The DAZL #ASHtag Young People Smoking Project performed for around 100 health and care professionals from across Leeds, the event give details of the impact poverty has on health today at a conference featuring experts from the Joseph Rowntree Foundation, the Children’s Society and the NHS.
The event focussed on finding practical and innovative ways to be more responsive to the challenges of poor health and poverty.
Experts highlighted the poor health issues that disproportionately affect people on low incomes and they looked at ways that use of innovation and best practice could provide solutions even while resources were under pressure.
Councillor Keith Wakefield, Leader of Leeds City Council, said:
“There’s a lot of good work around financial inclusion, budgeting and debt advice already taking place and we’re tackling loan sharks head on. With rising rates of social housing tenants in arrears and the effects of welfare reform starting to hit, the effect of poverty on the health of residents of all ages is a real and major challenge which we are committed to tackling.”
Cllr Lisa Mulherin, Chair of the Health and Wellbeing Board, said:
“The Health and Wellbeing Board is the forum for making health decisions in the city and we’re actively trying to find ways to reduce health inequalities and support more people back into work and healthy employment.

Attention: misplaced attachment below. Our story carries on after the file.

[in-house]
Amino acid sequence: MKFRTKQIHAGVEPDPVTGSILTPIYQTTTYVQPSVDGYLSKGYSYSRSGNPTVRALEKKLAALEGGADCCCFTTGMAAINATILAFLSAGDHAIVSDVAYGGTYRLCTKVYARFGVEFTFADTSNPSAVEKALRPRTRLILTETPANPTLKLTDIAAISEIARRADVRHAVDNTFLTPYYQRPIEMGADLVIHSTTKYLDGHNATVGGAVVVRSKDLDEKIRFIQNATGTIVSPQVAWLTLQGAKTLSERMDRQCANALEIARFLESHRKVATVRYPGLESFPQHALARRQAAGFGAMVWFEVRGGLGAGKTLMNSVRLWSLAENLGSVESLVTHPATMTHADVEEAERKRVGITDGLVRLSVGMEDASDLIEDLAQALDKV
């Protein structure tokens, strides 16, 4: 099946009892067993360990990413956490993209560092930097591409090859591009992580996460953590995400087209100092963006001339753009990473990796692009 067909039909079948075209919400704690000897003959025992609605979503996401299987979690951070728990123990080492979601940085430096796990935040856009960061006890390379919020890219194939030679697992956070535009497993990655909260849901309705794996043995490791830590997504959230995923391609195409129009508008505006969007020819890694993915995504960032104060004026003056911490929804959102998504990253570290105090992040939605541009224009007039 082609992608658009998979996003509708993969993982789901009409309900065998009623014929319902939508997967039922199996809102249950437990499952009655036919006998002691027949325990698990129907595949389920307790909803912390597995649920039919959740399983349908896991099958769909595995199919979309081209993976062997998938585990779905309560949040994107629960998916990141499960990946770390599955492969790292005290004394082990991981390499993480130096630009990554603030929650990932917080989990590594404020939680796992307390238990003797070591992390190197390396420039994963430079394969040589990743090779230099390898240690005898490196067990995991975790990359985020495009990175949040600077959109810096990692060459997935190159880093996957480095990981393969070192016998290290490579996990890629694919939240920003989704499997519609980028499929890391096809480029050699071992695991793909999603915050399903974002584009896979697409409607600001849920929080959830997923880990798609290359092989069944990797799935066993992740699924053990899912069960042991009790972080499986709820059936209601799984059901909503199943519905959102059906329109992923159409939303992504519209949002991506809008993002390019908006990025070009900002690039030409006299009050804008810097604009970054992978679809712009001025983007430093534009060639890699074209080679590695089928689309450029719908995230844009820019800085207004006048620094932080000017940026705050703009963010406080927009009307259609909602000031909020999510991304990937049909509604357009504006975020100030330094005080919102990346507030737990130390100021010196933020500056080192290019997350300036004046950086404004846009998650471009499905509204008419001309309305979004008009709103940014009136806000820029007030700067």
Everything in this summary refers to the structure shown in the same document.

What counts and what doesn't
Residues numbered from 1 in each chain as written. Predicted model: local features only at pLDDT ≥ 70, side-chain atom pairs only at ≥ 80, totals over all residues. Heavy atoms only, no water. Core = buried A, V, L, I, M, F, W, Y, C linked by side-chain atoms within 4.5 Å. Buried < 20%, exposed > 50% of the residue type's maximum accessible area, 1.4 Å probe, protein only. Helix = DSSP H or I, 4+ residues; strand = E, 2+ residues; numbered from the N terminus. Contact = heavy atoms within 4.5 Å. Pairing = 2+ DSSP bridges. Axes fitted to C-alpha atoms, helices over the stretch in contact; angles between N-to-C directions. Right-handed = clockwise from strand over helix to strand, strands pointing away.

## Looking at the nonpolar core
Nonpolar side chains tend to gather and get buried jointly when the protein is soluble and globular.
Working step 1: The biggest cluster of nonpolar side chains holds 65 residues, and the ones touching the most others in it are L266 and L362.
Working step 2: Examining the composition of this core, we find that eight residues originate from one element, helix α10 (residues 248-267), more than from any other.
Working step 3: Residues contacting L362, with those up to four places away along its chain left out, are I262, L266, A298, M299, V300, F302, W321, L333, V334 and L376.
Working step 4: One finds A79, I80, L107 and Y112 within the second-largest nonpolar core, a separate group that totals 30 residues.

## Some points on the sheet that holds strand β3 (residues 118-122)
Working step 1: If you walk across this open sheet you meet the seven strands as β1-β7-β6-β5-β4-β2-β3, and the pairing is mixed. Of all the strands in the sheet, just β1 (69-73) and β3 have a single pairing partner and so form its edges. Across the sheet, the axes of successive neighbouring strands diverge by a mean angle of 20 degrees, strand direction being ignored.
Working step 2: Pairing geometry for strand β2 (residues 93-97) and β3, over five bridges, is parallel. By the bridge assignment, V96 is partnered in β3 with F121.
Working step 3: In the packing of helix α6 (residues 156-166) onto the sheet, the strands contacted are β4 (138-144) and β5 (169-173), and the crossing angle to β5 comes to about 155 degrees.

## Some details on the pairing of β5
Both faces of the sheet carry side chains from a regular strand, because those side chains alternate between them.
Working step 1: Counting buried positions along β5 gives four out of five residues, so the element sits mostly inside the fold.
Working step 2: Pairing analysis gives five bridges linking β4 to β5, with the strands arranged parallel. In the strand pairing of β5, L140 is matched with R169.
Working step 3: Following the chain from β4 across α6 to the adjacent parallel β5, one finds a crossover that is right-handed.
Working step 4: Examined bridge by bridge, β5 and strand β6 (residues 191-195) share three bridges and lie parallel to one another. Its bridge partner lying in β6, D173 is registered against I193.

“But with over 30,000 children living in poverty in Leeds and a life expectancy gap of 12 years between the most and least deprived ward in the city, it is absolutely clear we need to do all we can to ensure health and care professionals are able and ready to respond, both to prevent poverty and to minimise its effect.”
• Ruth Passman Deputy Director, Equality and Health Inequalities, Equality and Health Inequalities, NHS England),
• Dr Emma Stone (Director of Policy, Joseph Rowntree Foundation) and
• Damian Allen (Director of Children and Families, The Children’s Society)
They highlighted the importance of tackling a range of the most urgent health and poverty problems across the city, as well as discussing potential solutions with managers and practitioners from across the NHS, council and voluntary/community sector.
‘Health without Wealth: the health and care response to Poverty in Leeds’, was sponsored by the city’s Health and Wellbeing Board, and held at Leeds City Museum.
DAZL was ask to perform and give the delegates a opportunity to look at other interesting and initiative ways of tackling health inequalities.